Meditation is now proven to be widely beneficial to our cognitive function and mental health. So much so that as a result of the growth in young people’s mental health issues, mindfulness, a form of meditation, has been brought into schools.
Here are a few pointers to get you started.
1. Set yourself a daily target
Meditation is a practice. You are developing the strength of one of your most important muscles, the mind. To do so requires repetition and consistency. Think of it as you would weight training. Do it regularly, three times a week and your muscles will start to grow. But do it once a month and you will see little to no impact on your body. The best idea is to set yourself a daily target to get you started, for example, 5 minutes a day, 4 days a week. Make sure it is something you can commit to. Much like sticking to a strict diet, it is better to set realistic expectations and meet them, than commit to 20 minutes a day and then not meet it. It will only demotivate you and you will stop.
2. Use a guided app
Sitting on your own, trying to focus your mind, can be quite a daunting experience. Do not fear. As with everything these days, there is an app for that! The most popular ones are
Calm and Headspace. You may find some meditation purists saying that’s not really meditation, but as with many things, there is no right or wrong way to try it. Personally, I really struggle with meditation and find that these guides really help me. They also track how many days you have meditated, which can really help with motivation. As I said, practice and repetition are key, so anything that helps motivate me to meditate every day is a good thing. I am also a big fan of the calming voices used on Calm, and the other benefit the app offers such as Sleep stories.
3. Be patient
Let go of the expectation that you will fall into a constant zen-like state after one-day meditating. It is a practice. If you have never meditated before, you will not be able to sit with a controlled mind for 20 minutes any more than you would be able to bench press 20kgs without any previous weight training. Start small, with 5 minutes, and increase your length gradually. At some stage, it will become easier. At some stage, you will start to see benefits in your daily life. Some people have an “ah-ha!” moment, others do not. Everyone’s experience is different. So let go of any expectation and just be patient.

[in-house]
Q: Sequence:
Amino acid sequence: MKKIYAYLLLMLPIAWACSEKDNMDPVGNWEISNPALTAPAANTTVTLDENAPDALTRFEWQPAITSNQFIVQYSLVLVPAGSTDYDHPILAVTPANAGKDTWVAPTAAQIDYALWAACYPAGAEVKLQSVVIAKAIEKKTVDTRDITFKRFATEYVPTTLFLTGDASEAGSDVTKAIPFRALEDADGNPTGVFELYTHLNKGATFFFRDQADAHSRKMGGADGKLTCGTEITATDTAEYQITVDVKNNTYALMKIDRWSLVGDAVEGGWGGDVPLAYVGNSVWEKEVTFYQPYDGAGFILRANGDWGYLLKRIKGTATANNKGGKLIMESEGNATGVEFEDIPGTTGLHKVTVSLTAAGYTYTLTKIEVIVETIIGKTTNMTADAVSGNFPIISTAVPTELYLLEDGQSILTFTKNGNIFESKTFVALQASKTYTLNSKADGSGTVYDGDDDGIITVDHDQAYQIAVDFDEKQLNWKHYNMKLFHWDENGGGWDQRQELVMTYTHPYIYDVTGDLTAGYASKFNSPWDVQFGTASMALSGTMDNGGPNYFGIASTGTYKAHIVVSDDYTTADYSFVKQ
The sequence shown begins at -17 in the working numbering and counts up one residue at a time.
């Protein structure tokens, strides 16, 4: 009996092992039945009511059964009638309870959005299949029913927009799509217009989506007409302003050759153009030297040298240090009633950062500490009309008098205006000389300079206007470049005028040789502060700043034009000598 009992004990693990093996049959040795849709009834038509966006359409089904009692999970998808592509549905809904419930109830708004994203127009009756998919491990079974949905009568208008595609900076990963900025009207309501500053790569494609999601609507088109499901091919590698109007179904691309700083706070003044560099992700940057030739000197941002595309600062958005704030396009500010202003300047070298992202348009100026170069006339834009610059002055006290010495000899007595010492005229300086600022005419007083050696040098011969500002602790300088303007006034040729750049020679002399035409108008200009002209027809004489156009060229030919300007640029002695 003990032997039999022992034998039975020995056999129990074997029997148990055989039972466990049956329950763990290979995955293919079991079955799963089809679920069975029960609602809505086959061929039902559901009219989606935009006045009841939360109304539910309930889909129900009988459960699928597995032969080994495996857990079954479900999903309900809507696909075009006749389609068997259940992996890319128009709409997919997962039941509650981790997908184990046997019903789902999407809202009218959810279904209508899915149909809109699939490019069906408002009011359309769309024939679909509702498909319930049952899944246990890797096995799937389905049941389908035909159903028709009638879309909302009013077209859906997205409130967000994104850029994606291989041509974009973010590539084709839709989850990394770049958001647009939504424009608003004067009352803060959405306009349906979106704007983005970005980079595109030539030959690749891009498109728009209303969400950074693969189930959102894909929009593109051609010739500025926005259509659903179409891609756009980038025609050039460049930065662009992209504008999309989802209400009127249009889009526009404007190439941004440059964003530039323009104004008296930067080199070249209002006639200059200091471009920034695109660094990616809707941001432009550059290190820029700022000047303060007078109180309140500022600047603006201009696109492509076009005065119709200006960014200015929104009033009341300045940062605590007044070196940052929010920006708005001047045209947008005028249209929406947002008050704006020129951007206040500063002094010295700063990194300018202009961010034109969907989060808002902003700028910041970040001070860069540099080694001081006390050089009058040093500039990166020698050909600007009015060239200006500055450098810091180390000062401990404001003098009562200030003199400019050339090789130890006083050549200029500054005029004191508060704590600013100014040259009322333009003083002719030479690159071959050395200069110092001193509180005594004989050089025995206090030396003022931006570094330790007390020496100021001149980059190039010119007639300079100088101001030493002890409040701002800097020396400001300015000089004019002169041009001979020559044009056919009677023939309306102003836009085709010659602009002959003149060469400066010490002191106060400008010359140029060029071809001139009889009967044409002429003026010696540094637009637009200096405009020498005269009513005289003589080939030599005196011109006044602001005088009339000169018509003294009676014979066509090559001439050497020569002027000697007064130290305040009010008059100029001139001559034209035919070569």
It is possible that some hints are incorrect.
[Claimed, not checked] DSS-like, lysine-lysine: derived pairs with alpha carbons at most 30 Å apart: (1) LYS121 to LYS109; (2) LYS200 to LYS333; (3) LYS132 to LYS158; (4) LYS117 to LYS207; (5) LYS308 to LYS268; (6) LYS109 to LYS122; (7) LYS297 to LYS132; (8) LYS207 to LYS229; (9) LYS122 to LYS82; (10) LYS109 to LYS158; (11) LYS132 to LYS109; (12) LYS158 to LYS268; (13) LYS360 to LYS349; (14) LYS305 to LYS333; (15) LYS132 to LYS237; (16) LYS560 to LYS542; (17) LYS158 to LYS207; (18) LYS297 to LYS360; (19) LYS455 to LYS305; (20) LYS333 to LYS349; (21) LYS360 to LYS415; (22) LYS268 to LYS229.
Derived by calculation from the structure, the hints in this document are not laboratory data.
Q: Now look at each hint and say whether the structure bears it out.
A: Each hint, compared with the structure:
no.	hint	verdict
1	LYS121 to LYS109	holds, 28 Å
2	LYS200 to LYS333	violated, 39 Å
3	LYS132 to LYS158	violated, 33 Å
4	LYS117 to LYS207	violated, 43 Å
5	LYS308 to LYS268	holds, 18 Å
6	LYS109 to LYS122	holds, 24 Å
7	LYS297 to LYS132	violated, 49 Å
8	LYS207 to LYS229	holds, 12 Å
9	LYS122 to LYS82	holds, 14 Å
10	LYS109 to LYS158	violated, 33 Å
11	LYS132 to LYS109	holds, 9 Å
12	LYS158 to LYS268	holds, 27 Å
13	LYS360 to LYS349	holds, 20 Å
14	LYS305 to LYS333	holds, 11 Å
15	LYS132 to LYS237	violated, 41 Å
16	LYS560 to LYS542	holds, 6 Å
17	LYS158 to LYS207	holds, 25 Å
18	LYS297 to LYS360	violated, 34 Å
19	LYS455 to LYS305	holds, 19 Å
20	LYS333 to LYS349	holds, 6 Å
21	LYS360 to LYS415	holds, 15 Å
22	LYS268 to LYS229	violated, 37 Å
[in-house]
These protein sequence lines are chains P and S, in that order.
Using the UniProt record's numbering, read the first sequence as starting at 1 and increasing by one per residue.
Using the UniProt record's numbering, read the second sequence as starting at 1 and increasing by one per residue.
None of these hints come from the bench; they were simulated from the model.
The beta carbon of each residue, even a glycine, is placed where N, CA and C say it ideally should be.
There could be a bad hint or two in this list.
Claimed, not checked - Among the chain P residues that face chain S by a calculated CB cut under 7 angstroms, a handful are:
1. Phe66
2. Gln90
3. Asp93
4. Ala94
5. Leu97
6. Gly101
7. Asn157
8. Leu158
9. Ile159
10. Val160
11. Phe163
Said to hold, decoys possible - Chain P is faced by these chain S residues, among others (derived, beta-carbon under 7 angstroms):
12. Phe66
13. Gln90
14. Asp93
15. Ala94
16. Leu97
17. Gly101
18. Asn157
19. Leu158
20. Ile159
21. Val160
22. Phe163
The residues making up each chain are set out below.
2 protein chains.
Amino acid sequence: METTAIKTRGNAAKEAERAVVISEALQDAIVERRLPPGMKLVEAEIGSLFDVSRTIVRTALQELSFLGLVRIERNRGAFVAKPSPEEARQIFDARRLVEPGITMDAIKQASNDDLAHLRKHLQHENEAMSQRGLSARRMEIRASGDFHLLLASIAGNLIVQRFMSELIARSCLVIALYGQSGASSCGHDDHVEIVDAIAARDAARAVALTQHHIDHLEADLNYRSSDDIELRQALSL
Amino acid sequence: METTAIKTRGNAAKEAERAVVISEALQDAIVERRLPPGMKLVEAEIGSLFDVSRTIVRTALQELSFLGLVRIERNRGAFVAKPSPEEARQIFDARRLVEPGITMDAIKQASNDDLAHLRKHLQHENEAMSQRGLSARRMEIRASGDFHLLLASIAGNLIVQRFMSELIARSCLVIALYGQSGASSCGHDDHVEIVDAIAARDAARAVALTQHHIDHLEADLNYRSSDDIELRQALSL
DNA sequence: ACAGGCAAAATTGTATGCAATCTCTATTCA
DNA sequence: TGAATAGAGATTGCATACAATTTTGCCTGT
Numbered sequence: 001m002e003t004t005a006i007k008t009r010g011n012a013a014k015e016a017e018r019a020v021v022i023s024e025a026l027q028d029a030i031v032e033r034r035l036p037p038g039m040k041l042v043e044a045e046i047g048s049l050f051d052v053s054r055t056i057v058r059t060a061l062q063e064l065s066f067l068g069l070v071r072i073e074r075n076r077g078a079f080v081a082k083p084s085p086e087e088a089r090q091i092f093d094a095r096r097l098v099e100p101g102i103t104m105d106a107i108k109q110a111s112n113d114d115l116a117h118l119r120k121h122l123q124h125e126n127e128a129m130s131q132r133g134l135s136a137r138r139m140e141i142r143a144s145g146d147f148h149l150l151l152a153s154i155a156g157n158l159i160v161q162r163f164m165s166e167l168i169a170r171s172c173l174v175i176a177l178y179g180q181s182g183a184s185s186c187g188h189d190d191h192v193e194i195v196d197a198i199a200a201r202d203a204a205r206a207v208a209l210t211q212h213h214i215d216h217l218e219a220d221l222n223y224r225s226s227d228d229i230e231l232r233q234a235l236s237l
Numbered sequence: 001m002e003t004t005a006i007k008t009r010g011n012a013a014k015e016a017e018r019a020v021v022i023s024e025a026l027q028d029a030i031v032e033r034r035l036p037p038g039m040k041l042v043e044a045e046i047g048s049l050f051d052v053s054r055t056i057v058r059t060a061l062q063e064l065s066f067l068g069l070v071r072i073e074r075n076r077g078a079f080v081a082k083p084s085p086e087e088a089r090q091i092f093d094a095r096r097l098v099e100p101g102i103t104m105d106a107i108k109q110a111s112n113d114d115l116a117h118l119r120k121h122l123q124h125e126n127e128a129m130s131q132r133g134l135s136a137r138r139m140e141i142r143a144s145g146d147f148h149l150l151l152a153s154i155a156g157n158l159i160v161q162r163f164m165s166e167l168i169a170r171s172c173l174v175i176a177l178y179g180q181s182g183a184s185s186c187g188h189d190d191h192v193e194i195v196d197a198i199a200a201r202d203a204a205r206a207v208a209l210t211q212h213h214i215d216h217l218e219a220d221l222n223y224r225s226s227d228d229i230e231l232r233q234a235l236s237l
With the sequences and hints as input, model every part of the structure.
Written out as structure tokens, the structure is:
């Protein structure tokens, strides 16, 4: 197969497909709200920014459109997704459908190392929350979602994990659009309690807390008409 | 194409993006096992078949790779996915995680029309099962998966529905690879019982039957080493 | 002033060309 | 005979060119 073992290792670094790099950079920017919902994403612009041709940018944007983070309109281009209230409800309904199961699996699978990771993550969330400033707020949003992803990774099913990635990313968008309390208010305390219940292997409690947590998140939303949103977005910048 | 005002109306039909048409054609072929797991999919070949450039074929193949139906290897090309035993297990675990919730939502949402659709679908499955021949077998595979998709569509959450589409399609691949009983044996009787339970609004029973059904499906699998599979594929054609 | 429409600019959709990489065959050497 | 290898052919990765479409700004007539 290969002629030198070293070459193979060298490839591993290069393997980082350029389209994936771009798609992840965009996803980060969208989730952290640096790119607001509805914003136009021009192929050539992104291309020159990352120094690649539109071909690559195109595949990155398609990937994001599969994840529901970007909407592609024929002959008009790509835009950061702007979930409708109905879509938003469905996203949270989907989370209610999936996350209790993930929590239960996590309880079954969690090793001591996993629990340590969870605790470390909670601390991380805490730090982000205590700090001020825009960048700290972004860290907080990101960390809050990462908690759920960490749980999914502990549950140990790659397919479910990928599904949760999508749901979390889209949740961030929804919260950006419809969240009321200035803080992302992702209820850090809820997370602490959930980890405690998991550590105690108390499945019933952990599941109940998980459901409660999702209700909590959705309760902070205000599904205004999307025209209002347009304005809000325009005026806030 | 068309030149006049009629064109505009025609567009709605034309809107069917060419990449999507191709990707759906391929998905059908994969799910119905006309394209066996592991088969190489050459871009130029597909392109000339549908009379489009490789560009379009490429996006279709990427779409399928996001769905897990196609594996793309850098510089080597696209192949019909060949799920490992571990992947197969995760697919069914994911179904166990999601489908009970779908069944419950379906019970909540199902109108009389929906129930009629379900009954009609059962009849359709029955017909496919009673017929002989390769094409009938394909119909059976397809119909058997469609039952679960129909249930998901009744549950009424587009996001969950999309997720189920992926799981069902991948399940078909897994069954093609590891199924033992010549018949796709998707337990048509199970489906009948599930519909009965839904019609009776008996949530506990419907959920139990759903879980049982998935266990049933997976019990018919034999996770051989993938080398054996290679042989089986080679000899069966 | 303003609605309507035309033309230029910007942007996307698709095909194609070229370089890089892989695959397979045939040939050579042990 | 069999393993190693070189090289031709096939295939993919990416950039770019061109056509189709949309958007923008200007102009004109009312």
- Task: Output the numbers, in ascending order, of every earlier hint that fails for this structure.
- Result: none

4. Make it part of your routine
This may take some time. It is worth trying out what time of day you prefer to meditate as everyone is different. Some people find it easier to meditate first thing in the morning, some before bed. No matter your preference, meditating around the same time each day or perhaps at a specific point in the day, after your morning coffee, can help build the routine. This makes it easier to stick with.
5. Get a meditation buddy
This was a particularly useful tool I found during my yoga teacher training. Having someone to hold you accountable, other than yourself, can be a great way to stay on track. We actually used more of a group than a one on one buddy system. We had a WhatsApp group where we would share each day after we meditated. The idea was that it held us all accountable to the 30-day meditation challenge we had agreed to. Sometimes we would share experiences, other days we would simply check in with an emoji and length of meditation. Everyone was so supportive that it really encouraged me to persevere. It may be the difference with you building a meditation practice or not. Maybe introduce it to your workplace. Meditations at 11 instead of tea and cake? Mental health is a big focus for organisations these days, your HR team will most likely welcome this with open arms.
So why not give it a go today. Procrastinate no longer. They say if you are too busy to meditate today you should meditate twice. Why? Because people that think they are too busy are exactly the ones that will benefit from fitting meditation into their life.
Remember it will take time, it is a continual practice. Hopefully, soon you will see it less like a chore, and something you actually look forward to each day. In the same way that eating well and exercising can be hard to get started with, usually after some time you begin to crave it. I like to refer to meditation as the CrossFit for our minds. It is so heavily addictive once you start to see the benefits.